The Long Drive: How to Use the Commodore 64

This is a basic guide on what the present functionality of the Commodore 64 in game, what you can do with it, and how.



The Commodore 64 as it presently exists in game is, Unfortunately, a rather limited representation of it’s real world counterpart. As of present (v2021.06.20) I’ve found that any code written onto a Commodore 64 will not save when the game is saved, making it’s purpose invalidated even for purposes of directing or storytelling in player-made scenarios (more on that later).

Nevertheless, in this guide I will attempt to outline the functionality and present workings of the Commodore 64.

Setting up your Commodore 64

Apart from the terminal set up in the player starting house, all future instances of the Commodore 64 found in the wild (and all terminals following the loading of a game’s save) will not be connected to a TV. To fix this, simply pick up the Commodore 64, and while looking at a TV set you will be prompted to Connect the device. Once this is done, simply turn on both the computer and and TV and you should be greeted with the blue console screen.

Basic Control and functionality

When using the Commodore 64, you can type from wherever your selector is currently located, and execute commands via the Enter key. You can move your selector around the screen with the arrow keys, and erase text from the screen in this manner – although this does not affect previously written code. Moving the selector to the bottom of the screen will begin to clear the top rows of the screen, and this information cannot be recovered (Once again, this does not affect previously written code).

You may only have 1 “Program” stored in memory (the one that’s presently active), although this appears to be tied to the terminal itself so additional terminals should be able to have separate programs stored on them. (Once again this doesn’t really matter unfortunately, as stored information does not save with the game file)


Presently, there are only a handful of Commands available for the Commodore 64 – these are:

-When run, the LIST command will display all encoded commands presently stored on the Commodore 64. Because of the hard limit of 21 lines on screen, if you have more than 18 lines of code, it will not be able to show all of them.
-The RUN command will execute all code you have stored on your C64 in sequence. Because of the presently limited nature of the device, this will read out each Print command, and print whatever is there.
-The PRINT Command (or any other command which is writing to memory for that matter) is preceded by an integer value, which designates the “Line” which the code occupies. (Many programmers will use multiples of 10 to give ample space to slip additional code in where needed)
As a side note, if PRINT is placed anywhere in a line of stored code, it will act as a print command, and print anything immediately following PRINT.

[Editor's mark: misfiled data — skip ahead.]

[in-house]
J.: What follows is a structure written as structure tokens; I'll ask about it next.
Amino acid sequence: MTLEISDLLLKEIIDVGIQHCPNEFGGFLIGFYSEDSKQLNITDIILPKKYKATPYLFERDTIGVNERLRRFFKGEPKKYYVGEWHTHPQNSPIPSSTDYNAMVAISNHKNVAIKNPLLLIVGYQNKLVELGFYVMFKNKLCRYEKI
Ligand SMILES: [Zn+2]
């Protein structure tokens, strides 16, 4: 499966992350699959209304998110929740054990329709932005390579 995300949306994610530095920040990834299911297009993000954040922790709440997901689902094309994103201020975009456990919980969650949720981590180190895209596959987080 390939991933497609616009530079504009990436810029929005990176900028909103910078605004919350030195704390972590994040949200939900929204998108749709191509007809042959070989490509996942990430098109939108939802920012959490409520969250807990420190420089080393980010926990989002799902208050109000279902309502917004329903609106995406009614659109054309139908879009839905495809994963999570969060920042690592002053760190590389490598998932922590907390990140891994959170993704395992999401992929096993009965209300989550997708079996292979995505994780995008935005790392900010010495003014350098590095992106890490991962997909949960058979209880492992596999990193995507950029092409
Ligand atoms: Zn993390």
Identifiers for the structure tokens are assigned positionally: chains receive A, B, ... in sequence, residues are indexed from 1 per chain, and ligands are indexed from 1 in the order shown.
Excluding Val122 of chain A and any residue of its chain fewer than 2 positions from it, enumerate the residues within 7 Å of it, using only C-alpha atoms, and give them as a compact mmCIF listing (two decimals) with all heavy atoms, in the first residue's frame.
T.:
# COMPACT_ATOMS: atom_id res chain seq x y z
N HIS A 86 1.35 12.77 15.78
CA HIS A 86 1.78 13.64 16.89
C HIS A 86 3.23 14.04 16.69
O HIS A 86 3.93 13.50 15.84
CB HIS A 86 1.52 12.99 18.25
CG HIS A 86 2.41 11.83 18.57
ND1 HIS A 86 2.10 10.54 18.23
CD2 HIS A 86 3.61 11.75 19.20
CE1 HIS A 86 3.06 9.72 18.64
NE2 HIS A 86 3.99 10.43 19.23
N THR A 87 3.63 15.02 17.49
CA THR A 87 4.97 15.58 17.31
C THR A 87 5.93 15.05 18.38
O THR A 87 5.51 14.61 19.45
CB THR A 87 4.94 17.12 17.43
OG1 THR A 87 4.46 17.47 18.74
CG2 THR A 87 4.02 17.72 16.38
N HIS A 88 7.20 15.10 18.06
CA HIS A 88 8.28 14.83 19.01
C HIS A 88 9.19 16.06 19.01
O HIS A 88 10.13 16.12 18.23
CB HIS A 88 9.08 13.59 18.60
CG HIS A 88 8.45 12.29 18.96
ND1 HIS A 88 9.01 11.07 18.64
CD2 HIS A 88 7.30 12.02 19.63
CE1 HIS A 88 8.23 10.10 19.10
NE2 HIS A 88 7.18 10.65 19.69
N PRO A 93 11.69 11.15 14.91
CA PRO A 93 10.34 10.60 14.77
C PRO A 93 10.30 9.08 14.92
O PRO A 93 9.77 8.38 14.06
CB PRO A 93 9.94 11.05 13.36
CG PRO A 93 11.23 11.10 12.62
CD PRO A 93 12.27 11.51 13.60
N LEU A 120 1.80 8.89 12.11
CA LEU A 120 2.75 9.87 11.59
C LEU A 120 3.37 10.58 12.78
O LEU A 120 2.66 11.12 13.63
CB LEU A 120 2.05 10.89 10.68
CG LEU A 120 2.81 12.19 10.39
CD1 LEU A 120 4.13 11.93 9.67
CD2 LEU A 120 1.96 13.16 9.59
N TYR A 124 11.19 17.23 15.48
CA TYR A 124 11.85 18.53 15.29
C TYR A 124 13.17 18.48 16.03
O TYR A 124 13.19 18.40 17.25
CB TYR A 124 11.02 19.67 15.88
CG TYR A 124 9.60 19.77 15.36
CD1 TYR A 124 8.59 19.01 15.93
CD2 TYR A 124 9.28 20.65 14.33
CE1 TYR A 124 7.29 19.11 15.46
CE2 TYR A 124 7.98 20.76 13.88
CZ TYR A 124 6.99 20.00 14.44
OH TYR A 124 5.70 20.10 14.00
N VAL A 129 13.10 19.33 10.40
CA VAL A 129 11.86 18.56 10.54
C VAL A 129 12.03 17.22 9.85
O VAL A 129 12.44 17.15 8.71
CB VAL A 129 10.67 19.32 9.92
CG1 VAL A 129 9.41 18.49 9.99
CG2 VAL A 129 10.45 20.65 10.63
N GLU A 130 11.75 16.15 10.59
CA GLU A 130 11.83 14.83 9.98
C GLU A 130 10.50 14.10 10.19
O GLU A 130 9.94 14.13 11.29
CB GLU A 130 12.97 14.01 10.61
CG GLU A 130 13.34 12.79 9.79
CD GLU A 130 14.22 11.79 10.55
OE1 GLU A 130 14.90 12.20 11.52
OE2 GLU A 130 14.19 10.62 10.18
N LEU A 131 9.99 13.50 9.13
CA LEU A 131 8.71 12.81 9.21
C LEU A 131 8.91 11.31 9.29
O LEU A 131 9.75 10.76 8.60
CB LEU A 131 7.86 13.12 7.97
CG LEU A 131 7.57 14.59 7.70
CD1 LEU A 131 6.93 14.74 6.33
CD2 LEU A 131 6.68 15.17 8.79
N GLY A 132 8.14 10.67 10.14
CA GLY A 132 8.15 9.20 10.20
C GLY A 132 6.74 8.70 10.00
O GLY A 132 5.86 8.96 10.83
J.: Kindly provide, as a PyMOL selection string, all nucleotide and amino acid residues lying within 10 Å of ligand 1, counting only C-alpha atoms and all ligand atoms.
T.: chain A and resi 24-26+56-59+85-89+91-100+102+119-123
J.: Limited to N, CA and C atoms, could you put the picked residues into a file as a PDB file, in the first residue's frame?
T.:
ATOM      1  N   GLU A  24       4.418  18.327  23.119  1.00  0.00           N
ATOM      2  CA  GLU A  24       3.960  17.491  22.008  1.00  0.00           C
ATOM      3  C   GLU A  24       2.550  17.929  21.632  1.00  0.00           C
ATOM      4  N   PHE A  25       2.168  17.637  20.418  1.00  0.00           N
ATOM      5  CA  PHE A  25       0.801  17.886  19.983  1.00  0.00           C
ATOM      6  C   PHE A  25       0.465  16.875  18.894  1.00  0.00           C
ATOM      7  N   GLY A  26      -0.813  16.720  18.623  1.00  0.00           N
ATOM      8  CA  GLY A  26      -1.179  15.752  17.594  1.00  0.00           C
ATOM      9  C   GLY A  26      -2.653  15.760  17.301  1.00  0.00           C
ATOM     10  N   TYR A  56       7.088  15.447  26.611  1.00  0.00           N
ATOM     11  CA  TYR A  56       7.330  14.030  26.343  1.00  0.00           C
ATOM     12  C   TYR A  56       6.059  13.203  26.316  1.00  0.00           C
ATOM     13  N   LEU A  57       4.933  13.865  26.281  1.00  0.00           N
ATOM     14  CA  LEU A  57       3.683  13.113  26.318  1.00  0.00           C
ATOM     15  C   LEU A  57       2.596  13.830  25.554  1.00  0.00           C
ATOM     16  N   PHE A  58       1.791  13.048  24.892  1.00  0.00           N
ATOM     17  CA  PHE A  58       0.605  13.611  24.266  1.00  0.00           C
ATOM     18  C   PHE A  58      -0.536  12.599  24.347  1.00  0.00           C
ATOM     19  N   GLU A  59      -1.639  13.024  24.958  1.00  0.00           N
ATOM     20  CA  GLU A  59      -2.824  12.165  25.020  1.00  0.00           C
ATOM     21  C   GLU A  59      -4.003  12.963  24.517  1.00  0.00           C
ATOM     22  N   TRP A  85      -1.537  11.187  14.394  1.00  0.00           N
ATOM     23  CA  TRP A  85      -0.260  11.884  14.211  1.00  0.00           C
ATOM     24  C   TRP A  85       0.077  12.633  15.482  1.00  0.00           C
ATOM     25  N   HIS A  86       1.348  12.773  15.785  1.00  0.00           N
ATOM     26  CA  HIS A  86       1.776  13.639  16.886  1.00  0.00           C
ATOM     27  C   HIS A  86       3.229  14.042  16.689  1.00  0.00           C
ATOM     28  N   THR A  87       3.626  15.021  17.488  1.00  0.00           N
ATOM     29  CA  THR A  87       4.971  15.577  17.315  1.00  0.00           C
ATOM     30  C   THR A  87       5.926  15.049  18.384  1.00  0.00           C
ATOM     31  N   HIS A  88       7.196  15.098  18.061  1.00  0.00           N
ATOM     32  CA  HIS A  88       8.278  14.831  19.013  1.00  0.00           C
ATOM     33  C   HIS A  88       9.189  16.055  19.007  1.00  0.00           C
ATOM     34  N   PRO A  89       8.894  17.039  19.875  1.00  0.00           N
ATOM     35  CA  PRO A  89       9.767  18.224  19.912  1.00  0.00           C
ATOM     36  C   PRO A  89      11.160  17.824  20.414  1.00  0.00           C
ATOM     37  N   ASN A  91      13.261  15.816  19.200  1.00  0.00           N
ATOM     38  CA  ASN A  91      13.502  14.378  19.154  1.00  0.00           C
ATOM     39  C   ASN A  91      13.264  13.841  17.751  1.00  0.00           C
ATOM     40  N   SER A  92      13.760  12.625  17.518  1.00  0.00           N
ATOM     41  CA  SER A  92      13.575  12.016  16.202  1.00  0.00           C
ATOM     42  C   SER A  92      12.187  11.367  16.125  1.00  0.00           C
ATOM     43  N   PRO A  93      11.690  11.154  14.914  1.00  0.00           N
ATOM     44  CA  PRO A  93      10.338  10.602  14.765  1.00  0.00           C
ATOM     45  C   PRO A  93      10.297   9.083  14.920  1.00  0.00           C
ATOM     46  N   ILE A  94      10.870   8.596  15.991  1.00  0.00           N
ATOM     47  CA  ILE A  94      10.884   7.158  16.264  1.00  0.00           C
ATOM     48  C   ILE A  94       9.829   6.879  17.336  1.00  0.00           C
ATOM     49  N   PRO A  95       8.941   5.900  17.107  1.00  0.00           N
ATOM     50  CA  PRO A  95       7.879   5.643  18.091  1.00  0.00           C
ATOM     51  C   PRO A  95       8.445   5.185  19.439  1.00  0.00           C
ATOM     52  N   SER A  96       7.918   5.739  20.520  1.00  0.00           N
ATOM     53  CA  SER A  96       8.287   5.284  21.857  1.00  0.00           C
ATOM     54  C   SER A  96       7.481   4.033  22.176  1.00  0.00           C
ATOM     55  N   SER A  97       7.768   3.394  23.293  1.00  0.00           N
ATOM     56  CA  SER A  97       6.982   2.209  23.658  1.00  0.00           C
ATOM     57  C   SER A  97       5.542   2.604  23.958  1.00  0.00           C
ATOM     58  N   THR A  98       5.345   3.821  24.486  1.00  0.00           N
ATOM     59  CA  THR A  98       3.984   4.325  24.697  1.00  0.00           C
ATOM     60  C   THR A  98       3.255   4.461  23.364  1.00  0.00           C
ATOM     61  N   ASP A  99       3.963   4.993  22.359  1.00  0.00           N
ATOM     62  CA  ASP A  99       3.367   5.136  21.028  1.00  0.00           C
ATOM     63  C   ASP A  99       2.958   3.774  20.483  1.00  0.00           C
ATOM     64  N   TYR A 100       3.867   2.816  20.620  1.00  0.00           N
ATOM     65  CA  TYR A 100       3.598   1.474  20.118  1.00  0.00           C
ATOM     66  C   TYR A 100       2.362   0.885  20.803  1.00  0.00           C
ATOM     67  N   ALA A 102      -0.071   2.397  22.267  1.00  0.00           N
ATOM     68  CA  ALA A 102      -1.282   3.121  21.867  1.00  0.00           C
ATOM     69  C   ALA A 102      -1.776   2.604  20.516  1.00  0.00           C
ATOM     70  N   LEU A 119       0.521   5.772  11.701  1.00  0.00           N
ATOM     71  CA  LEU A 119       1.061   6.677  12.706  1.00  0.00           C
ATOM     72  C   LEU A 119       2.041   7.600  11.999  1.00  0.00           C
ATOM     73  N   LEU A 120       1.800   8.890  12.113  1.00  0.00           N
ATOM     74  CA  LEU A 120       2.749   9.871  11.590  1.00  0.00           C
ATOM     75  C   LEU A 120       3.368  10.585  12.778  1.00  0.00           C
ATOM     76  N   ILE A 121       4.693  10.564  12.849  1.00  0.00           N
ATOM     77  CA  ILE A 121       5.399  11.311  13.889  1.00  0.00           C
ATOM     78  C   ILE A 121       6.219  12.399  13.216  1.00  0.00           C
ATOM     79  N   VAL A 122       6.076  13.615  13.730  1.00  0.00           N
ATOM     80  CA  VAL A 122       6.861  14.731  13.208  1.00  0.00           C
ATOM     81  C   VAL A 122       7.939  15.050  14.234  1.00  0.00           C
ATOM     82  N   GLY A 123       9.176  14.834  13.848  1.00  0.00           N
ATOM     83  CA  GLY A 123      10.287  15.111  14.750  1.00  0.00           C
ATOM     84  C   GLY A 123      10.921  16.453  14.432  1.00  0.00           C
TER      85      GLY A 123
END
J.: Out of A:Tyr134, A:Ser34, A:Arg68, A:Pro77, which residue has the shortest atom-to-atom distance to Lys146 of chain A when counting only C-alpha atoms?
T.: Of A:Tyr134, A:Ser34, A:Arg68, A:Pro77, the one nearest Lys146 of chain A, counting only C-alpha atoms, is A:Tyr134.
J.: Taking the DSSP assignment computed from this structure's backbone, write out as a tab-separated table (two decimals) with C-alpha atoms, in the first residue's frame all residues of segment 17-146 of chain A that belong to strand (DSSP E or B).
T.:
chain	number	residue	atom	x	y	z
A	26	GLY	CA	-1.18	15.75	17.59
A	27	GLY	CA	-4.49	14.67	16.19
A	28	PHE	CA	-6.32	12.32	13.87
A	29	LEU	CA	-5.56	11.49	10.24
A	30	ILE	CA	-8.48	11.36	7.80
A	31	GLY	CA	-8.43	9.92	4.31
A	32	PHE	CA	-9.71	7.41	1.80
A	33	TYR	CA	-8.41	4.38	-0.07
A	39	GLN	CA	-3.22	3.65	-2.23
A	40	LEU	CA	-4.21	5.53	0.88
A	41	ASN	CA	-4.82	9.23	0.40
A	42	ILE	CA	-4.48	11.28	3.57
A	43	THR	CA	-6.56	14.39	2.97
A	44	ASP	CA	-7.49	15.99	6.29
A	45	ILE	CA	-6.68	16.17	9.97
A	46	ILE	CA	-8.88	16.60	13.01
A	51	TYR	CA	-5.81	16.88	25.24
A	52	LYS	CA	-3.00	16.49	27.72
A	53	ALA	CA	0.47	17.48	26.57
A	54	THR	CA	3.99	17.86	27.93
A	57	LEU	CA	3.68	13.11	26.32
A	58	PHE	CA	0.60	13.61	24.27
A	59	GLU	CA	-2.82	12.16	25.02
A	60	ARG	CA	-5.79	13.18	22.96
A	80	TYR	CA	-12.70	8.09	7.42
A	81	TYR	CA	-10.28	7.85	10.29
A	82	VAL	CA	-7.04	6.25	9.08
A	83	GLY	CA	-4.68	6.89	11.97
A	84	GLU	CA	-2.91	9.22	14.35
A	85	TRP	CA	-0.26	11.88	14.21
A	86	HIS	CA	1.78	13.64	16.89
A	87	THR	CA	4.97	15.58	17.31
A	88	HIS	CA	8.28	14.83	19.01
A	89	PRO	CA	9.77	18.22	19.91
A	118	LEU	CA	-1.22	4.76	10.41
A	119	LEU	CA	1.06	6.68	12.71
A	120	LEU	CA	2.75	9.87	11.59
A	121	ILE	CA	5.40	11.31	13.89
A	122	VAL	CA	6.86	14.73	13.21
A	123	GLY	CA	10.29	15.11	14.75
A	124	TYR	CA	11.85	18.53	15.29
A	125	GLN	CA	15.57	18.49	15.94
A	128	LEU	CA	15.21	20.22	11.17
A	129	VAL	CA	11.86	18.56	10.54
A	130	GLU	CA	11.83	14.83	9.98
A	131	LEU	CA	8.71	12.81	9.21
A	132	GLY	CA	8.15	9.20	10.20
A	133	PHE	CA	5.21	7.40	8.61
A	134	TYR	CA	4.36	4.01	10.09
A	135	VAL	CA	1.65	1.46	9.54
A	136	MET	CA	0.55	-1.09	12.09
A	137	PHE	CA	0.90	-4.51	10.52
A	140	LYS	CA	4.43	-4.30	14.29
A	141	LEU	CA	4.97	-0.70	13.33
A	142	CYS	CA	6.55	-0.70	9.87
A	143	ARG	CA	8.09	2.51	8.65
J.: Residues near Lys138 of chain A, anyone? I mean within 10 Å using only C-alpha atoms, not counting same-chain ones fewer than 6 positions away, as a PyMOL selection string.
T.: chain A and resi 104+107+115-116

Empty Expressions
-Information other than the PRINT command can be assigned to memory; this will not appear when the RUN command is executed, however will show up when LIST is executed. This technique can be used to leave notes in your code, or hide secrets. 🙂

Example Code:

Syntax note: No information can be coded past the right edge of the screen, so try to avoid this as it will generate a syntax error.


Using the upper keys on your keyboard (including numbers), you can play different notes on the C64 kind of like an electric Piano, and chirp out little tunes. You can also use A and S to change the octave of played notes.

When you’re finished and decide it’s about time to get back to driving, you can press X to stop the music application.

In-Game Uses for the C64

Unfortunately, once again, due to the lack of save functionality on the Commodore 64 – it’s use is pretty much non-existent beyond some “Messing around” value. If this was changed, some small avenues would begin to appear for player usage, mostly in the Scenario creation and modding scene.

Even in it’s presently very limited form, if the Commodore 64 could work with save files, hypothetically scenario creators could hide information on the Terminals, create puzzles, and lead players to other locations based on physical landmarks where they could obtain hidden loot. Information could hypothetically be directly emphasized by print commands, or alternatively even hidden within the code, requiring players to go in and tear away supurfluous lines of code that hide the secrets within.

Closing Thoughts
Overall; The Commodore 64 is an absolutely fascinating concept for implementation in the game, and I feel like even a bit of additional functionality is all it would take to really cement a purpose for it within the game. To me, the idea of floppy-disks scattered about the world with puzzles, little games, or corrupted files could potentially make this a very unique feature, and just adding a bit overall to the rough Gem that is TLD.

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